Even if you’ve been out hugging trees this week, you could not have missed the news that Carbon Dioxide is now classed as an environmental pollutant – by law. I was driving through Vandalia, Illinois (America’s corn ethanol hell) when the news flash hit the radio: the U.S. Supreme Court ruled 5-4 that greenhouse gases, including carbon dioxide, were air pollutants subject to federal regulation.
Despite the symbolic victory for environmentalists, this Supreme Court ruling will not create any real change in U.S. greenhouse gas regulation, at least not under the current administration. It was President Andrew Jackson who famously stated, “The Court has made its decision; now let’s see them enforce it” in response to a disagreeable Supreme Court ruling against the forced relocation of Native Americans to Okalahoma. Now history repeats itself. In his April 3rd Rose Garden address, President Bush stated that he thought the environmental regulatory measures taken so far were sufficient, and he gave no sign that the EPA would begin to regulate greenhouse gasses. Amazingly, no statement concerning the Supreme Court’s decision appeared on the EPA press release Web page, signaling no forthcoming change in regulatory policy from the agency.
In the meantime, states like California have filled the regulatory void by adopting their own emissions regulations. However, these rules have no teeth unless the EPA certifies the state’s rules compliant with the Clean Air Act. For example, the automobile industry is suing California, arguing that the state’s emissions rules conflict with the Clean Air Act, but the state cannot mount a defense without an EPA waiver. Mr. Bush will not instruct the EPA to grant waivers to states or regulate CO2 emissions itself. Nothing will be gained until the chief executive is compelled by lawsuit, public pressure, or congressional mandate to take action. Given how slow the gears of government crank, a new president will be elected before any action is taken by the executive branch to regulate greenhouse gas emissions.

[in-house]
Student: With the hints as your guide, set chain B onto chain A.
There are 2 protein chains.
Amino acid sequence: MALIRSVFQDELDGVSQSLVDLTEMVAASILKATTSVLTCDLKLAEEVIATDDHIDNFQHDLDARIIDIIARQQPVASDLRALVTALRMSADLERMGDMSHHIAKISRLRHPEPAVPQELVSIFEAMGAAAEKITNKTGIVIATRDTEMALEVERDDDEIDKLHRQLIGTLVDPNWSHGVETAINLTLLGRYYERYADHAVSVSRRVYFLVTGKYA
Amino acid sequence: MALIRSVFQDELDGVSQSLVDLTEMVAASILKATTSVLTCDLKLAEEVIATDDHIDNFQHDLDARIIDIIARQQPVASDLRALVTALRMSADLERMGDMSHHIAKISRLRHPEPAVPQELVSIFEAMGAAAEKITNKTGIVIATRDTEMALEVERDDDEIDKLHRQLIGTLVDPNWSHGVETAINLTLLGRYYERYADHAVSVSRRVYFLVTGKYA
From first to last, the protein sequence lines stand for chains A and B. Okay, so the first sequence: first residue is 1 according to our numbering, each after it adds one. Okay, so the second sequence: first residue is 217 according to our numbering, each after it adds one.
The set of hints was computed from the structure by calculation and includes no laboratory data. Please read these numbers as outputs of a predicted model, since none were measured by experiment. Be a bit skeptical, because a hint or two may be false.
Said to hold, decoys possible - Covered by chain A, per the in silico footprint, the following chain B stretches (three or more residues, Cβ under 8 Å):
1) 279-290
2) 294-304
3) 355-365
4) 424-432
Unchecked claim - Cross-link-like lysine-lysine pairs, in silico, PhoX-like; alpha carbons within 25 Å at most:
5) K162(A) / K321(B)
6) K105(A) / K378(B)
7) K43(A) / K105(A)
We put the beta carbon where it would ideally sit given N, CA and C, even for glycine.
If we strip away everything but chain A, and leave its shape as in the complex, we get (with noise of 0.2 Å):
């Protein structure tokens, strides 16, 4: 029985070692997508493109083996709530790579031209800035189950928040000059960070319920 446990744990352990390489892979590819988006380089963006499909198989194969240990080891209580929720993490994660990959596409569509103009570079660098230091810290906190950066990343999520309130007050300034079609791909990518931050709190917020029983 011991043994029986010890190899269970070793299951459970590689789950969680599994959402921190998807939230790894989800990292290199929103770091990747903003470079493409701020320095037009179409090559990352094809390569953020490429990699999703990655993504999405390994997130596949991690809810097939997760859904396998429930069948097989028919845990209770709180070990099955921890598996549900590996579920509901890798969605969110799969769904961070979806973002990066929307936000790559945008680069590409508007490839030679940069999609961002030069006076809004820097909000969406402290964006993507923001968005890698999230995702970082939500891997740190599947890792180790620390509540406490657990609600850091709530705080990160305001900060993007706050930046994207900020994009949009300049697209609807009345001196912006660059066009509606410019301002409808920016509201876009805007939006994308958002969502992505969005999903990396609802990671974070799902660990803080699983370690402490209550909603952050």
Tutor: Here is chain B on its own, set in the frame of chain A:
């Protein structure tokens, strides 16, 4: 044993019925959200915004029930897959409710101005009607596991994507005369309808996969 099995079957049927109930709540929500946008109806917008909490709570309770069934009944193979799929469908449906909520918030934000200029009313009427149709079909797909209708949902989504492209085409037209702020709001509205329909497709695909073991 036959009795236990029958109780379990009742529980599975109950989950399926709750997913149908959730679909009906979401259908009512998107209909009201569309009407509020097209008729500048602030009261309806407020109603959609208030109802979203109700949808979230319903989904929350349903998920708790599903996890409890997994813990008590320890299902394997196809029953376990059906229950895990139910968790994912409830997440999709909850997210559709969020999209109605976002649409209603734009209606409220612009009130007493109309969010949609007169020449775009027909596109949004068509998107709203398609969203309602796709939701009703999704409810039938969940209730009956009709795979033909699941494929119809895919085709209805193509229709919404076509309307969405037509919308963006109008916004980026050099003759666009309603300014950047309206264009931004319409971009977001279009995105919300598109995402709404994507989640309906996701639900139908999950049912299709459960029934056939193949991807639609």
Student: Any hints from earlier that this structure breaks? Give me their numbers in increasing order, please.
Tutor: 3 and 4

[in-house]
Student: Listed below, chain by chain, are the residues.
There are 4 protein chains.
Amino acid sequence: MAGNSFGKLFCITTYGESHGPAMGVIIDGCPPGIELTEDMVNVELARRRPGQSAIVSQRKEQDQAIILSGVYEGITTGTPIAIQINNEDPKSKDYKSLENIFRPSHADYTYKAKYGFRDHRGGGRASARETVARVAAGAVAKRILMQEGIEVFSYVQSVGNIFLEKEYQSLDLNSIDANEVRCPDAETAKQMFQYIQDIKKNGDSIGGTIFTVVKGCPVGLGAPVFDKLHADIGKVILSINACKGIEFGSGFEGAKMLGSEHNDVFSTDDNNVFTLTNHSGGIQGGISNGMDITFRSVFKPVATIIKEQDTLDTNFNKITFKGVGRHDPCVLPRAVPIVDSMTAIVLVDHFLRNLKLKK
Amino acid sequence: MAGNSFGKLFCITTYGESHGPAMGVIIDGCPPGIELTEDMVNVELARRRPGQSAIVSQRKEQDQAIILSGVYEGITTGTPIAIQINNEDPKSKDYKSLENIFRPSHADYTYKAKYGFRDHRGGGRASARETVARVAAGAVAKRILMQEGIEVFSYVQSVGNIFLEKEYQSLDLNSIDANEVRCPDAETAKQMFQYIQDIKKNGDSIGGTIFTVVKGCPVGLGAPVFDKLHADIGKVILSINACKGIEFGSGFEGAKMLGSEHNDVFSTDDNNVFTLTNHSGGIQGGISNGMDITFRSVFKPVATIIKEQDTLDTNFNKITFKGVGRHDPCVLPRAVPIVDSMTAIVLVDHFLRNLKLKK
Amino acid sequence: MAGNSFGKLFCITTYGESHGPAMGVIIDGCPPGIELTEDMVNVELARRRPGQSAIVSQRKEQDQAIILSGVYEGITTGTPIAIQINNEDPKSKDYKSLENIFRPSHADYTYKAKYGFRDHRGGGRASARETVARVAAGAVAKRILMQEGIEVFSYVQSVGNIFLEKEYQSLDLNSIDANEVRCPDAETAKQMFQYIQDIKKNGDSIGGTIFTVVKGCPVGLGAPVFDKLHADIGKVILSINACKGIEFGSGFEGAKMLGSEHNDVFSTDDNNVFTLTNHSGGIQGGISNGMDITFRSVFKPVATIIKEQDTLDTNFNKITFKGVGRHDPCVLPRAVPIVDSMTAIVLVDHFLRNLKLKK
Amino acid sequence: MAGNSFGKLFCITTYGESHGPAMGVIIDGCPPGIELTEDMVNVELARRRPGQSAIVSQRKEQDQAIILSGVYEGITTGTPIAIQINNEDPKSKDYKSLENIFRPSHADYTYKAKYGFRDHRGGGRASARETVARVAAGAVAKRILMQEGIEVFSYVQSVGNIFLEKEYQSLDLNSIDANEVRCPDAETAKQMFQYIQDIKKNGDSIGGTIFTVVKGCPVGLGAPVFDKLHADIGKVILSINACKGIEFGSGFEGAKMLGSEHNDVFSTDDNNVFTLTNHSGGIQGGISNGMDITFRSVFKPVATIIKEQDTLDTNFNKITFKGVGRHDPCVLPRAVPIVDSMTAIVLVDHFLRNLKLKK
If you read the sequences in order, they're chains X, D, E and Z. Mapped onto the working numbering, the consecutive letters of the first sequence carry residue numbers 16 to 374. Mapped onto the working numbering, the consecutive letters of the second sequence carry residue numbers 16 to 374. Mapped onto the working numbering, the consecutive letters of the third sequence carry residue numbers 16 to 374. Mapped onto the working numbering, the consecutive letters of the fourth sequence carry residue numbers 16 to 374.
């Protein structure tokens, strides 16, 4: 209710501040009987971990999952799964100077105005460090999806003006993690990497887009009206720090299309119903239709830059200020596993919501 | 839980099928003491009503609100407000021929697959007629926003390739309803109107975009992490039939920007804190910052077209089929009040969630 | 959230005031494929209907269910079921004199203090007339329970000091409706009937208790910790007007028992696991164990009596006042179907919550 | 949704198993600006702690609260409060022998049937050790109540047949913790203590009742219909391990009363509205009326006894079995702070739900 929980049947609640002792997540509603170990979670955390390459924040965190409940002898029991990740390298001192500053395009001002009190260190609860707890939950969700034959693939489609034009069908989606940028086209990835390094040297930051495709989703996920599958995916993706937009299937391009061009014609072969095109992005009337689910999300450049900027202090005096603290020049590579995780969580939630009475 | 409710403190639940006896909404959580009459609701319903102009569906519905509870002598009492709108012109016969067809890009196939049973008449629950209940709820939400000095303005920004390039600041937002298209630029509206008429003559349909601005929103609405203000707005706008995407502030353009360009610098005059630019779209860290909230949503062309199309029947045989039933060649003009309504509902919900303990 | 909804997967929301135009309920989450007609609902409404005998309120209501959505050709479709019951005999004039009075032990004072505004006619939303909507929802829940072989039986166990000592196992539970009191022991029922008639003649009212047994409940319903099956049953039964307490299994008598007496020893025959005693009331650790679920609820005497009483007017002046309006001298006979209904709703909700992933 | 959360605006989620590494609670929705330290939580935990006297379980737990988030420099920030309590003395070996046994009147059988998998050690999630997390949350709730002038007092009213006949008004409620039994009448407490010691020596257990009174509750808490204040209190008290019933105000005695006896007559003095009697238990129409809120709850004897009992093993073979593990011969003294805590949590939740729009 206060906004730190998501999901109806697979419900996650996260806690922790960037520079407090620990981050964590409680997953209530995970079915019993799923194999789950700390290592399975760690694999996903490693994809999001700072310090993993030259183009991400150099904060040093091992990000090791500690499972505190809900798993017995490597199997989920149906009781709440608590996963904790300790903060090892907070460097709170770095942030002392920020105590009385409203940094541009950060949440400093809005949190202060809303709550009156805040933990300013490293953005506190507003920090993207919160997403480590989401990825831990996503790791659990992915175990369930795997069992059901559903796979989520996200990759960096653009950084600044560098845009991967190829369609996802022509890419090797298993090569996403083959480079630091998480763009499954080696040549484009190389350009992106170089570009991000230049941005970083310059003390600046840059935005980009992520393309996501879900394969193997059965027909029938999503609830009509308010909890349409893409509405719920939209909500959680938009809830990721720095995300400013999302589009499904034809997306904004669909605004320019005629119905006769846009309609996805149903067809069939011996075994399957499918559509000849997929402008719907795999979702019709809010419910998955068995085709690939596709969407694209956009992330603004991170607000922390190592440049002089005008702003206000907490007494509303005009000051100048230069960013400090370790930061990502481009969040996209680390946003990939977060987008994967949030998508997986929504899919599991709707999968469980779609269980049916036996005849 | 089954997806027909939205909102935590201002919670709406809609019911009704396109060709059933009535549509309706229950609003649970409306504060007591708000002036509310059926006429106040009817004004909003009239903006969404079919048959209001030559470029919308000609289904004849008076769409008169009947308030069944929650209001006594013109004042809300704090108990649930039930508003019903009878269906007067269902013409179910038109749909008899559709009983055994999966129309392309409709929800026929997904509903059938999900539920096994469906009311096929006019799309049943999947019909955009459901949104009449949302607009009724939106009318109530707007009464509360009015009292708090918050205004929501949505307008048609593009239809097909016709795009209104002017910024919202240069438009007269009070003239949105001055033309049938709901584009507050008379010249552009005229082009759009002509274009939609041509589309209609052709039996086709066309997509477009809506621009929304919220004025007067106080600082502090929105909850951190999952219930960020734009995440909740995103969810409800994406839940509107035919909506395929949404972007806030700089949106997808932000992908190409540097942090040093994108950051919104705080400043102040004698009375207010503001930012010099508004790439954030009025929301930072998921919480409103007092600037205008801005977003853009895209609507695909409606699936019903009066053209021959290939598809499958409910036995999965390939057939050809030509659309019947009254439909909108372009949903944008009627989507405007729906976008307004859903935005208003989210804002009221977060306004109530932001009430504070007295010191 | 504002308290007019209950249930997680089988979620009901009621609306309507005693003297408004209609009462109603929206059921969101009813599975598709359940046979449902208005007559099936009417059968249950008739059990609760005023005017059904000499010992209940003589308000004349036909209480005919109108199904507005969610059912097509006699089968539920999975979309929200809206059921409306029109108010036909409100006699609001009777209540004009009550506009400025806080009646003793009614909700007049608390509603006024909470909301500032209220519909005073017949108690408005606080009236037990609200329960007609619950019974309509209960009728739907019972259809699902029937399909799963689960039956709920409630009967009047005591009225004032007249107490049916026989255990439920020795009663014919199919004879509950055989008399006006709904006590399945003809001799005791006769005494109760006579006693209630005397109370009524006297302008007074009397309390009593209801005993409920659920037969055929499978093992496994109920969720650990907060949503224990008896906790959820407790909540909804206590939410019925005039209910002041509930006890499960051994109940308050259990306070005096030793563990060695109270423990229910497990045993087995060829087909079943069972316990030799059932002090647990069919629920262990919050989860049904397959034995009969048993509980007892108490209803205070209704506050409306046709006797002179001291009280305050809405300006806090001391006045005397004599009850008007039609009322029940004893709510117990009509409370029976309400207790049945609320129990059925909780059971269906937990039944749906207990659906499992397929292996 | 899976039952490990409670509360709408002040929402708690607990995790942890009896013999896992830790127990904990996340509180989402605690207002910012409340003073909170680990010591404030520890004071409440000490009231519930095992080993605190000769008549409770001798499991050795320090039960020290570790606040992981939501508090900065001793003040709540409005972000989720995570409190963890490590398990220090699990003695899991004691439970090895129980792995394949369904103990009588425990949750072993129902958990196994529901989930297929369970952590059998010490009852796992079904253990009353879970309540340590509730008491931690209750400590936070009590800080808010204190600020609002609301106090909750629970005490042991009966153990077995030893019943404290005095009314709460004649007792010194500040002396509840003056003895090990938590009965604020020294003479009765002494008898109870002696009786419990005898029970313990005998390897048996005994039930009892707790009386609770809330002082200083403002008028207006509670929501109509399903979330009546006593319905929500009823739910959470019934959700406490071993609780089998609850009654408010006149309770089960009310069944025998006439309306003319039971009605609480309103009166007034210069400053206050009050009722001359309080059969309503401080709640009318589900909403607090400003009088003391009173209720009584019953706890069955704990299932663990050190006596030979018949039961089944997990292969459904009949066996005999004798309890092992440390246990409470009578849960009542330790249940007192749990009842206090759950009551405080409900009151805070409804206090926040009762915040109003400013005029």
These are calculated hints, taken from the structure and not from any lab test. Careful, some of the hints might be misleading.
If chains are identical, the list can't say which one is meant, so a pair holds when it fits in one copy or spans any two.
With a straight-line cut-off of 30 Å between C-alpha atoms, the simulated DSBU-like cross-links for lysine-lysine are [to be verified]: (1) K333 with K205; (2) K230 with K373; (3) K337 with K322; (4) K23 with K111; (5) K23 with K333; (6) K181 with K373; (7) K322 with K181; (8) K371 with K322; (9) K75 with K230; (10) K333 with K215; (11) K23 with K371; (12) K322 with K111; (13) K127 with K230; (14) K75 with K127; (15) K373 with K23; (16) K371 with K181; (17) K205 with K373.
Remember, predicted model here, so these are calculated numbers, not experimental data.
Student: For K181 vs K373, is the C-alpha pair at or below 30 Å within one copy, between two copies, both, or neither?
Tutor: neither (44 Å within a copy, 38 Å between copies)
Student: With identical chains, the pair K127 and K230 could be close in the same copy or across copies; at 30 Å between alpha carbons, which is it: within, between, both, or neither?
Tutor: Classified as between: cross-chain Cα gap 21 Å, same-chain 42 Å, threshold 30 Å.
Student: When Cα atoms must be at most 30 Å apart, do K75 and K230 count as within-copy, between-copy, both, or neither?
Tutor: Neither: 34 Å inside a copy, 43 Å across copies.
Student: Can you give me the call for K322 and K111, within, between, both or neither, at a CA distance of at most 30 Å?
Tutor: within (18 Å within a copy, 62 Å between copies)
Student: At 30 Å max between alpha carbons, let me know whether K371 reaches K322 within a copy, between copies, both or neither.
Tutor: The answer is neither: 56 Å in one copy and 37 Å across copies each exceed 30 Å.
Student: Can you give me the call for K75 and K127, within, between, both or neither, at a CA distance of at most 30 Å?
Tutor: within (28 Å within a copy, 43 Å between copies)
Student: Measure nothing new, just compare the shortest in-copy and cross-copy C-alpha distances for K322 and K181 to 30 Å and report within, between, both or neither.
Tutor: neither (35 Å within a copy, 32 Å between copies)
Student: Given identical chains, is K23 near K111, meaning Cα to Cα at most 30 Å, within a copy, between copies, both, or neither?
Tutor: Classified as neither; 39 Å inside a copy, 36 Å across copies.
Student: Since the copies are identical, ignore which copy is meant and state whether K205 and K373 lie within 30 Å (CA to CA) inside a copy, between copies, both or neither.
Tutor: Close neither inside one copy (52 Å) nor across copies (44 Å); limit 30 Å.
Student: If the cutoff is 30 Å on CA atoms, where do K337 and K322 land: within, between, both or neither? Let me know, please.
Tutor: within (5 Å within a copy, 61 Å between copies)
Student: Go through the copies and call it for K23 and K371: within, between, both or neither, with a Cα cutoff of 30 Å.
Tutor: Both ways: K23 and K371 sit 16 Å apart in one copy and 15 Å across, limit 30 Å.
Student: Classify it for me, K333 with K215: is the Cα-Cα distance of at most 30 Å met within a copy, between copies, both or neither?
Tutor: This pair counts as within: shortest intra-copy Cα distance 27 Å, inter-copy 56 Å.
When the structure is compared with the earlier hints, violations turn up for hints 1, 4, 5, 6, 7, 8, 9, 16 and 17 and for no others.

At the Design News webinar on June 27, learn all about aluminum extrusion: designing the right shape so it costs the least, is simplest to manufacture, and best fits the application's structural requirements.
For industrial control applications, or even a simple assembly line, that machine can go almost 24/7 without a break. But what happens when the task is a little more complex? That’s where the “smart” machine would come in. The smart machine is one that has some simple (or complex in some cases) processing capability to be able to adapt to changing conditions. Such machines are suited for a host of applications, including automotive, aerospace, defense, medical, computers and electronics, telecommunications, consumer goods, and so on. This radio show will show what’s possible with smart machines, and what tradeoffs need to be made to implement such a solution.